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Abstract

The recent economic developments and ongoing social changes had provided better workplace opportunities to women. The traditional role model of women in the society had been transformed as they acquired higher education and business skills. A greater number of women employees had emerged in both developed and developing economies. The subsequent economic development of women was accompanied by reduction in the gender gap and acceptance in the workforce, particularly in the service and the manufacturing fields. The establishment of People’s Republic of China (1949) initiated move towards gender equality at workplace, enhancing national productivity and economic growth. In modern China, women became an essential part of the workforce, leading to gender diversity and equal status in workplace. However, gender discrimination still persisted in the country in some form or the other. As a result of higher education, professionally well equipped Chinese women preferred to explore foreign employment/business opportunities. It was therefore critical for the Chinese government to address the issue of gender equality for achieving sustainable social and economic development of the country. Chinese cultural revolutions in 1960s and 1970s had heralded women’s equal opportunity at work. Chairman Mao’s support and commitment in achieving gender equality was instrumental in raising the status of women in China. Women needed to make relentless efforts to break the corporate glass ceiling. Against this backdrop, it remained to be seen whether women in China would succeed in the face of multiple challenges to attain gender equality in the traditionally patriarchal Chinese society.
Location:
Other setting(s):
2014

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Abstract

The recent economic developments and ongoing social changes had provided better workplace opportunities to women. The traditional role model of women in the society had been transformed as they acquired higher education and business skills. A greater number of women employees had emerged in both developed and developing economies. The subsequent economic development of women was accompanied by reduction in the gender gap and acceptance in the workforce, particularly in the service and the manufacturing fields. The establishment of People’s Republic of China (1949) initiated move towards gender equality at workplace, enhancing national productivity and economic growth. In modern China, women became an essential part of the workforce, leading to gender diversity and equal status in workplace. However, gender discrimination still persisted in the country in some form or the other. As a result of higher education, professionally well equipped Chinese women preferred to explore foreign employment/business opportunities. It was therefore critical for the Chinese government to address the issue of gender equality for achieving sustainable social and economic development of the country. Chinese cultural revolutions in 1960s and 1970s had heralded women’s equal opportunity at work. Chairman Mao’s support and commitment in achieving gender equality was instrumental in raising the status of women in China. Women needed to make relentless efforts to break the corporate glass ceiling. Against this backdrop, it remained to be seen whether women in China would succeed in the face of multiple challenges to attain gender equality in the traditionally patriarchal Chinese society.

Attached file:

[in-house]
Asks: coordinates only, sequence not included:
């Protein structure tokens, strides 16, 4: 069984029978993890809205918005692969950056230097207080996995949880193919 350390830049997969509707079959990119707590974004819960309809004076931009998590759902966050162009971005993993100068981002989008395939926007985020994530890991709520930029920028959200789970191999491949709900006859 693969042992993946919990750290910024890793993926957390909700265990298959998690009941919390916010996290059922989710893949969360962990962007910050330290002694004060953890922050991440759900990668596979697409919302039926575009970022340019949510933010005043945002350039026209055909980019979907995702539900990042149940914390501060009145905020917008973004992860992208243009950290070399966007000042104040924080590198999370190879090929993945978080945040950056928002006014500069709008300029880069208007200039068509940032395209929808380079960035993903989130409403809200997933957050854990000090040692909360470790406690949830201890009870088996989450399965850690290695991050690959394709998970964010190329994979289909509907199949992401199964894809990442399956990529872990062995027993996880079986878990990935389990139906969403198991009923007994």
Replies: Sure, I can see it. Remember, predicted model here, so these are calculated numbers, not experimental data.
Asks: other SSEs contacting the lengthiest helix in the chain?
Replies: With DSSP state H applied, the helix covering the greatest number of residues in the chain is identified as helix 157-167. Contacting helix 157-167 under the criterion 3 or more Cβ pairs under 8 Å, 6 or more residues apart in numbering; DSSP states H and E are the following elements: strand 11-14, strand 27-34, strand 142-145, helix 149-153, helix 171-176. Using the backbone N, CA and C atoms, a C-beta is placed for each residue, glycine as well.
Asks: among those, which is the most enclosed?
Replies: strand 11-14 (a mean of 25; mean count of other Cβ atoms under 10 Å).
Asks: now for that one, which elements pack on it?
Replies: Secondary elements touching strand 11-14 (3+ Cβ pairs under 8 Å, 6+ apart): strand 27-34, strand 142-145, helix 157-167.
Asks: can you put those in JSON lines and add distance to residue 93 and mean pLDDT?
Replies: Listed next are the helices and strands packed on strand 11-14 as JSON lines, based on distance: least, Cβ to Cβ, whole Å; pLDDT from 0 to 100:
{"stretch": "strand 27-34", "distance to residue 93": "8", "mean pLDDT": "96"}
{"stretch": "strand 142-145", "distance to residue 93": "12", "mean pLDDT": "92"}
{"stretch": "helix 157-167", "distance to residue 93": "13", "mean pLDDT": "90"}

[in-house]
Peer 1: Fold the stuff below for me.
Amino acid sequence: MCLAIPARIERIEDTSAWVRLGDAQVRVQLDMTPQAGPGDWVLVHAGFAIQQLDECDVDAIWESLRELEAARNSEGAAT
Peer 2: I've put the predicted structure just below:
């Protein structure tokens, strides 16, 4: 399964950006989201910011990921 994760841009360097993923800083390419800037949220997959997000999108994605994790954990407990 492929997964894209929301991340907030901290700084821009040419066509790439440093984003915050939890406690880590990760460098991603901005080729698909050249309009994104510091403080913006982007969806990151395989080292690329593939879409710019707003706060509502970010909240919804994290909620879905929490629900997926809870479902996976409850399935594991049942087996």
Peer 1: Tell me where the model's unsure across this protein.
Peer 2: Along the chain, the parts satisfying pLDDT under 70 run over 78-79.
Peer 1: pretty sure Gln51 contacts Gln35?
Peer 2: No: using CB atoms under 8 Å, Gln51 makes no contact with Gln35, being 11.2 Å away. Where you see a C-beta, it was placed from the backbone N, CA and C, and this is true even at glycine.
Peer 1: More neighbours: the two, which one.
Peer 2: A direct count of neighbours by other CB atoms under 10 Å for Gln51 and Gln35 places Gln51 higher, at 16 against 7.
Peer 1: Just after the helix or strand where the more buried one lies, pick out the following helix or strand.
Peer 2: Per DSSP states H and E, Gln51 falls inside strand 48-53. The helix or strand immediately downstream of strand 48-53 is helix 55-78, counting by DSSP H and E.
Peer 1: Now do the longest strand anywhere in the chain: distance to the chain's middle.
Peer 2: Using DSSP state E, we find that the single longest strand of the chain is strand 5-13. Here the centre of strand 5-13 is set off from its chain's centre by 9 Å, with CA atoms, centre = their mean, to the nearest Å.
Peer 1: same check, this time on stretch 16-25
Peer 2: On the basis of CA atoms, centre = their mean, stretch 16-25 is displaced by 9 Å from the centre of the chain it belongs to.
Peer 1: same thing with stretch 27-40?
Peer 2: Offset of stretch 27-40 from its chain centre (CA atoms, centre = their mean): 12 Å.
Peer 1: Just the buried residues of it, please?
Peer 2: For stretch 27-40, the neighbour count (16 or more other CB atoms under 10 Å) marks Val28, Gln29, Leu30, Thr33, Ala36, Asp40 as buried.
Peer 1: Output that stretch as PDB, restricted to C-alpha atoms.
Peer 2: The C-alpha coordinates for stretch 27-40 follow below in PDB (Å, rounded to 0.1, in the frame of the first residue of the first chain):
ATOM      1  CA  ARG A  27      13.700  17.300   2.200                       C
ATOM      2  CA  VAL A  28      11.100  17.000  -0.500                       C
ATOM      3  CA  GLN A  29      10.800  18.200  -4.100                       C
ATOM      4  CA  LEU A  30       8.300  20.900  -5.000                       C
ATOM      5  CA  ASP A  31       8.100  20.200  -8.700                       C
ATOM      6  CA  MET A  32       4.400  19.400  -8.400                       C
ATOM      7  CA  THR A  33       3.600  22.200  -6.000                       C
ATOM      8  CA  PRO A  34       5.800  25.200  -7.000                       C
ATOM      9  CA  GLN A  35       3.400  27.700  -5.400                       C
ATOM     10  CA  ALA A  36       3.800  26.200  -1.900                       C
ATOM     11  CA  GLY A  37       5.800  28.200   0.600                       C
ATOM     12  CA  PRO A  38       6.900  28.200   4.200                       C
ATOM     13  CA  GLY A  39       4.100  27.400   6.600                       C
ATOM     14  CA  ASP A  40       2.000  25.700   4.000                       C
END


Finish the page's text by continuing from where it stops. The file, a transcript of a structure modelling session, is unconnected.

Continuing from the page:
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Location:
Other setting(s):
2014

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